The Chronicle also looked to Edenfield for his personal connection to the story, and he provided a letter on Monday headlined with Genesis 12:2, which says, “I will bless you… and you will be a blessing.”

Edenfield continued the letter, penning in the first paragraph, “God pours out His blessings on us daily in many different ways—through our family, friends, and other people. He puts in our lives things He blesses us to acquire, and He blesses us financially as well. If He has blessed us financially, He doesn’t intend for us to clamp our hands shut and hold onto our blessings for ourselves only He intends for us to bless others when we have received these blessings. That is just what the people of Emanuel County and even some surrounding counties did when they heard of the destruction the people of Kentucky had suffered from being hit by several tornadoes.”

As he, a deacon of Mount Shady Baptist, watched television that Sunday morning and saw the heartbreaking scene, he was so touched that he felt there had to be something the church could do. After the service, he talked with another deacon and the pastor about what they thought about getting some things together to take. These donated items could be collected from church members, and the deacon proposed he would go around to local business owners and see if they, too, might like to add to the donation.

The pastor of the church and the deacons felt sure this game plan, combined with maybe a truck and a pull-behind trailer of some sort as well as the verbal spreading of the word about the effort, would result in enough of a collection to warrant the trip.

That discussion took place Sunday morning, December 12, and from that point onward, Edenfield feels there was “no question that God touched [the effort] with a special blessing.”

In two days, word had circulated about the group’s undertaking to collect needed items, spreading like wildfire. People began phoning to inquire about where to drop off items and the possibility of someone picking up items elsewhere.

“Initially, this began with the idea that donations could be dropped off at the church, but several establishments volunteered to be drop-off points,” Edenfield explained. “This thing really blossomed to be way bigger than we ever thought. People were helping by posting on Facebook, telling their friends, neighbors, and family. We couldn’t believe how fast and how big it grew.”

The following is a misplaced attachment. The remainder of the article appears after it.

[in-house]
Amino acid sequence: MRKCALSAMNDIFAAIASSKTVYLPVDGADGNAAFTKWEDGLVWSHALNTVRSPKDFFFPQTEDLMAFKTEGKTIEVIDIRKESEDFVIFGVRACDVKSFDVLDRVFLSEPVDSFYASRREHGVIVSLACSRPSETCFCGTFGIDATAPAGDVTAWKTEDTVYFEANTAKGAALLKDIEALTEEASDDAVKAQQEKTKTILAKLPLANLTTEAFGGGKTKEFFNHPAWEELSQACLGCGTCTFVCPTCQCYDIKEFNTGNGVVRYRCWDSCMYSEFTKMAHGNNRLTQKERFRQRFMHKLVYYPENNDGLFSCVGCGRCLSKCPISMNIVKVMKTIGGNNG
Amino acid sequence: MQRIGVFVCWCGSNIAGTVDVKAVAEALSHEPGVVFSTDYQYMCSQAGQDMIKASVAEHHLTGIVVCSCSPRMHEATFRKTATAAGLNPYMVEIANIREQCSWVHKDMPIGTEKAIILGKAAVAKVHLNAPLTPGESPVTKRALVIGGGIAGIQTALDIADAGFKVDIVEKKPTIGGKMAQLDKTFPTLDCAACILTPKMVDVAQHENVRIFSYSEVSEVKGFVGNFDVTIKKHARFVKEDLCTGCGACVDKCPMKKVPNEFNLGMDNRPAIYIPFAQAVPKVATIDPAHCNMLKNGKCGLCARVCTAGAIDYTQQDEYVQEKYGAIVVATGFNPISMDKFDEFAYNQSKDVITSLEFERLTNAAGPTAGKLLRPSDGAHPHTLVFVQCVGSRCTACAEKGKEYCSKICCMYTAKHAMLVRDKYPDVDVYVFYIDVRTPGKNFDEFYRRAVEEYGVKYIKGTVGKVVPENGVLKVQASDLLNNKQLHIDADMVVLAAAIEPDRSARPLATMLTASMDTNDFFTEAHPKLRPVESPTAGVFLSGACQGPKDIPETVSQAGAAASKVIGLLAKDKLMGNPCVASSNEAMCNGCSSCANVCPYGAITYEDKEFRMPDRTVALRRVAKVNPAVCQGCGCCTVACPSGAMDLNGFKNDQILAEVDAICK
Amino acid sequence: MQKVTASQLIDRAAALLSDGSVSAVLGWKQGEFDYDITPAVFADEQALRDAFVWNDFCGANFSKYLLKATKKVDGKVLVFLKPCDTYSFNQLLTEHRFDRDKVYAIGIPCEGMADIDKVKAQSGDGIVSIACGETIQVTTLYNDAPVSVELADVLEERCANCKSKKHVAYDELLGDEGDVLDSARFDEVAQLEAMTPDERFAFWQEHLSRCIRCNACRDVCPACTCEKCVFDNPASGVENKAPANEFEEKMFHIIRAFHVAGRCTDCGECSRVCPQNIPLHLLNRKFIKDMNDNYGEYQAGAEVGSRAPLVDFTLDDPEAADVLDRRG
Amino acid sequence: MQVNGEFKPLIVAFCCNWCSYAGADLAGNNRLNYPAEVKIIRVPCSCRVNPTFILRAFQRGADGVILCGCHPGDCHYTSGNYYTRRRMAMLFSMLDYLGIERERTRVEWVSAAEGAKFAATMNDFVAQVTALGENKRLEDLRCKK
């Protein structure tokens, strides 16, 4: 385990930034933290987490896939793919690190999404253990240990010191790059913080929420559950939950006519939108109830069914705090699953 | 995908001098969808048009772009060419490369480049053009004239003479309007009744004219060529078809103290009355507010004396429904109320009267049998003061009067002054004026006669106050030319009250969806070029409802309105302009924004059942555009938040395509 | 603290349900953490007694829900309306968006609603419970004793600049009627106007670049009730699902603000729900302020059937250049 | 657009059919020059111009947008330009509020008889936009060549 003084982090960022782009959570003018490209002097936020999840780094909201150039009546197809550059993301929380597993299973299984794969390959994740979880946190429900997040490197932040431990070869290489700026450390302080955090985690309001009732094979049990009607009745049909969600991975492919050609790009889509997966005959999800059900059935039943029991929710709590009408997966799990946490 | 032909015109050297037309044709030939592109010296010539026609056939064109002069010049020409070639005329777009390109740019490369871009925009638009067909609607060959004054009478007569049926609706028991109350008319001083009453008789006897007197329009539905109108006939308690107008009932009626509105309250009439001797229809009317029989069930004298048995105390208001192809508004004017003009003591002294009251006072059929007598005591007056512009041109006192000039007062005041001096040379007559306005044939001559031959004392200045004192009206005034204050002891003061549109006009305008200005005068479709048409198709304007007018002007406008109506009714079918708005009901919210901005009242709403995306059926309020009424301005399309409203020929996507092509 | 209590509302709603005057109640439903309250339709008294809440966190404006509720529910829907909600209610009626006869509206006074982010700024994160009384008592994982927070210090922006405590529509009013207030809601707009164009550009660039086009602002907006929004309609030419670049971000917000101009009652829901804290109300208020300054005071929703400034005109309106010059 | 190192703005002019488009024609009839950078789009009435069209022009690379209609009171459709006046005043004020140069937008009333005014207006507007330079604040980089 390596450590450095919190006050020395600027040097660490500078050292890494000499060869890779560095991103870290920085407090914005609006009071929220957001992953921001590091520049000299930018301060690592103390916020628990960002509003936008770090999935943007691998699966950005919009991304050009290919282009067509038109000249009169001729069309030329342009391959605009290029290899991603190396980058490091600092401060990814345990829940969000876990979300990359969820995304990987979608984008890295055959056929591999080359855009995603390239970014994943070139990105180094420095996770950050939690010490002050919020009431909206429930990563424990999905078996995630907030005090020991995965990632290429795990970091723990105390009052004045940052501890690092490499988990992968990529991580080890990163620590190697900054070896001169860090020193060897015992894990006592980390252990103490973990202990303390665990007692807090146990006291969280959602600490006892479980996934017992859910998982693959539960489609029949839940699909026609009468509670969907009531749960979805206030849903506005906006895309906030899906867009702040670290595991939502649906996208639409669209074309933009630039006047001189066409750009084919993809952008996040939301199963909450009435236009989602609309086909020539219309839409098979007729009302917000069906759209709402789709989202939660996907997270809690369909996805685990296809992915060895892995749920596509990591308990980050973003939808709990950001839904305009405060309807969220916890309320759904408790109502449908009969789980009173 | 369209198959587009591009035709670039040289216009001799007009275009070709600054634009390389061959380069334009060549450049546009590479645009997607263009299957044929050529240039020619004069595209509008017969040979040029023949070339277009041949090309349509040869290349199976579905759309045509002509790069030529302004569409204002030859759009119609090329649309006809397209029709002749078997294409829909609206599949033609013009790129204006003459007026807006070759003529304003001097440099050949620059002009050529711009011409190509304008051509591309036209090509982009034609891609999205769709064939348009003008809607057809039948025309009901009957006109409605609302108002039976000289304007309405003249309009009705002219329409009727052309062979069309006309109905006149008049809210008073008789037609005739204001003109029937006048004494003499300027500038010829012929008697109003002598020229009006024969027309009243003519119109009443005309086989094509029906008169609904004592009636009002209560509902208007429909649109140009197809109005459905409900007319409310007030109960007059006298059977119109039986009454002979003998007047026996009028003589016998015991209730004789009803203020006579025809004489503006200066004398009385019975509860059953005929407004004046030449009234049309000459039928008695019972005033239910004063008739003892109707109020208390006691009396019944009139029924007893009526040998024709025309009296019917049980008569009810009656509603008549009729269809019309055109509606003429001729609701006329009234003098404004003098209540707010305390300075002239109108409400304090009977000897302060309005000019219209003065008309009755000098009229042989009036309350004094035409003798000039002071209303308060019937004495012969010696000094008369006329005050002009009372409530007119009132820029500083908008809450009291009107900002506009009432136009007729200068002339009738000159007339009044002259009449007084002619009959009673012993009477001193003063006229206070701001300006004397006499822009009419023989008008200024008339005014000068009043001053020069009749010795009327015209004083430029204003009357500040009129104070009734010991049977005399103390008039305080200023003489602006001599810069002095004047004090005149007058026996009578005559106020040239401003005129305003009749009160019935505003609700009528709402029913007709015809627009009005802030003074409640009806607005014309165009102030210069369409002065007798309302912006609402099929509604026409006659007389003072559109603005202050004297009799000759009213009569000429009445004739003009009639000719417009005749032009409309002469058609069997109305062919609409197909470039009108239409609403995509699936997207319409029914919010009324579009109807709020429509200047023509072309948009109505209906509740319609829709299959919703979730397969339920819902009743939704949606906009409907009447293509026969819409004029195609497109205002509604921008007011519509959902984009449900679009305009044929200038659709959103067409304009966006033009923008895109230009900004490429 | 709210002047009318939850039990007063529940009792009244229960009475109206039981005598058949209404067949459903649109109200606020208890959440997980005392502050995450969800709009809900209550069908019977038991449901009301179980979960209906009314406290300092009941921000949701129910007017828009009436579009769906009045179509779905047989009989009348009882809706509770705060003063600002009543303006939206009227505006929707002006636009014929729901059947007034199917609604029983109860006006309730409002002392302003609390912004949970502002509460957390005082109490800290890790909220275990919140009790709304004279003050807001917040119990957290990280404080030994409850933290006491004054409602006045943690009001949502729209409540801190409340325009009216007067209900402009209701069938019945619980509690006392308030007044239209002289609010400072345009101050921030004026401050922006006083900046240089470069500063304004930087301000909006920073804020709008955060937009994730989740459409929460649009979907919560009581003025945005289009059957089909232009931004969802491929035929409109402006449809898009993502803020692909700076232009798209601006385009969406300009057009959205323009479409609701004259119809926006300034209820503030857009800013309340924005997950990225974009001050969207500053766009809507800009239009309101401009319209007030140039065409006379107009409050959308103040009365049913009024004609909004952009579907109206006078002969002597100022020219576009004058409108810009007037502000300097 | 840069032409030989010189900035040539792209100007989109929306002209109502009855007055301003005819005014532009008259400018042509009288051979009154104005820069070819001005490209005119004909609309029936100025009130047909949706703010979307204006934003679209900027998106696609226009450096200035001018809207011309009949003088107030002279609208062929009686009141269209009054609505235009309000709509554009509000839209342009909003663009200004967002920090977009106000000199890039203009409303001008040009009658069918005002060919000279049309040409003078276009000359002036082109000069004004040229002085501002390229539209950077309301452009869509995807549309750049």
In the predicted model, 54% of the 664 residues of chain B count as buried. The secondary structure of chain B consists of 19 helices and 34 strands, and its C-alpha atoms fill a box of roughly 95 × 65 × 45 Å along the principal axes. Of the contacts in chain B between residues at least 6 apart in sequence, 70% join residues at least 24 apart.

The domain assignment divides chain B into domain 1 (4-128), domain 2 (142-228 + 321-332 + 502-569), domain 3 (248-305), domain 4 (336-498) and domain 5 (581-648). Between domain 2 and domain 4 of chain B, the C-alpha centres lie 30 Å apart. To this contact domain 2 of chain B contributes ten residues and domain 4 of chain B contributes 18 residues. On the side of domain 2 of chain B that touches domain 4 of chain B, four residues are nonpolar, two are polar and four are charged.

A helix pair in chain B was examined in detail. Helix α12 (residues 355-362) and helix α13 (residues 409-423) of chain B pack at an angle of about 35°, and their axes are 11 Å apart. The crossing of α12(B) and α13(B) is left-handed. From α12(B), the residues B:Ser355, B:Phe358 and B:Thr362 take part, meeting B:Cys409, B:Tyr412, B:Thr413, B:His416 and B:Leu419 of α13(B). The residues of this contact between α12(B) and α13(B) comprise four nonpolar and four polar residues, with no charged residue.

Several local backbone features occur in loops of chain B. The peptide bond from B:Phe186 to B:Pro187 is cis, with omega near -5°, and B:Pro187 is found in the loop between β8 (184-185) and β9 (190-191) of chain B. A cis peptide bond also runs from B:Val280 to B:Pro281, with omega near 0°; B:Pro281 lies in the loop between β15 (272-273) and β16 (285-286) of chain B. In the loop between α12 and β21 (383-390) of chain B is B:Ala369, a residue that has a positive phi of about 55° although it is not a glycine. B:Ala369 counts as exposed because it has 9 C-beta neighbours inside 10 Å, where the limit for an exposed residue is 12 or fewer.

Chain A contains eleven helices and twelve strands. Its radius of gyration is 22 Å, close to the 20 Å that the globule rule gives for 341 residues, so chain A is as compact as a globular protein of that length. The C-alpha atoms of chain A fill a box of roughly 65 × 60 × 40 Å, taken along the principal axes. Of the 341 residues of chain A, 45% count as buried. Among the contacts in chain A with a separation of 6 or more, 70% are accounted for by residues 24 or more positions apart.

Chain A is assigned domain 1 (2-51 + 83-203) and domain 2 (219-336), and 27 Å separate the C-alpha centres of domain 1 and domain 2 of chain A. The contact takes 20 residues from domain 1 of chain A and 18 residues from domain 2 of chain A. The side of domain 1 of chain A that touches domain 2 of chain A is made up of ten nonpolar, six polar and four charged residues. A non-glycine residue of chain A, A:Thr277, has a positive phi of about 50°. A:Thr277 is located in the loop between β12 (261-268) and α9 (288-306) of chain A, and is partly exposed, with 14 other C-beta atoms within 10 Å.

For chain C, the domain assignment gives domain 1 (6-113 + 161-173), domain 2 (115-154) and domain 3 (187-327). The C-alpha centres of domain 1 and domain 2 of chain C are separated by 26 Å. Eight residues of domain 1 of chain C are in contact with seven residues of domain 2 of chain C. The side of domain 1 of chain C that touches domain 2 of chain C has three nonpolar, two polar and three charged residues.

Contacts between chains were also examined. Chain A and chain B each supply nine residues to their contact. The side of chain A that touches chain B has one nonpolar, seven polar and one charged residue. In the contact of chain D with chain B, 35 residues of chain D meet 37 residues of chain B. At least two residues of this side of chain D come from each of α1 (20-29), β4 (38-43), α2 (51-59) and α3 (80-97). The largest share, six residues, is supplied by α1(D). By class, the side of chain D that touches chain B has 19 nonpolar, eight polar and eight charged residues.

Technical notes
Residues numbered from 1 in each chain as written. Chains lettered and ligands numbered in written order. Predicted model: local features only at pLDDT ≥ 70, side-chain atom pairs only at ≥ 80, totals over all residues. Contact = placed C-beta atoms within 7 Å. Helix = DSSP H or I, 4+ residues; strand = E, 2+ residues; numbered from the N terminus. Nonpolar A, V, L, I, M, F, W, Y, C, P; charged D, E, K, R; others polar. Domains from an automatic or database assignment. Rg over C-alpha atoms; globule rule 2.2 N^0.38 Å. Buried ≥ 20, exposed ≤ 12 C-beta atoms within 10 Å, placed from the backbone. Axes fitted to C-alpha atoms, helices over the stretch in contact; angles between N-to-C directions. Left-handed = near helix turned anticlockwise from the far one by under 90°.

The phone calls didn’t stop. Neither did people’s desire to help. Other churches gave, as did business owners and countless individuals. Mount Shady ended up connecting with the individual who ultimately supplied the tractor-trailer, and the organizers set out with their original plan in mind.

They would collect items for about a week, load those items up, and leave to deliver said items on Wednesday, December 22, or the following day.

That Tuesday, however, was when the men discovered they needed the U-Haul to fit the rest of the donations and to make sure the 18-wheeler stayed within its weight guidelines.

“God is so good. He made a way. We went and rented one of the largest U-Hauls they make,” Edenfield said. “After both trucks were loaded and ready to pull out around 7 or 7:30 that Wednesday morning, we still had a call with more items and yet another call came on Christmas Day from a lady from Vidalia with items to donate. We hated telling folks it was too late.”

(On that note, Phillips said Thursday there is chatter about maybe making another run, but nothing is set in stone yet.)

“There are a lot of good people still in this world, and thanks to them, we were able to take three times as many donated items we thought we would have originally. This is a great big ‘thank you’ to everyone who helped make this a success. Whether it was telling someone about what we were doing, posting it on Facebook, allowing your store or office to be a drop-off point, gathering up items you no longer needed around home, purchasing items or giving cash donations to help with items we bought or the expense of the additional truck and gas… If you helped in any way, thank you. The spark of the idea may have started with Mount Shady, but it doesn’t matter who organized it and got it underway because without God touching hearts to give, it would not have been possible,” Edenfield said. “Through it all, we receive a blessing in so many ways. This article isn’t for recognition to anyone. It’s a big ‘thank you’ to everyone and to let folks know how proud they should be to live in such a caring community. In the end, we have received the blessing, but we want to give God all the glory. God is good all the time, and all the time, God is good!”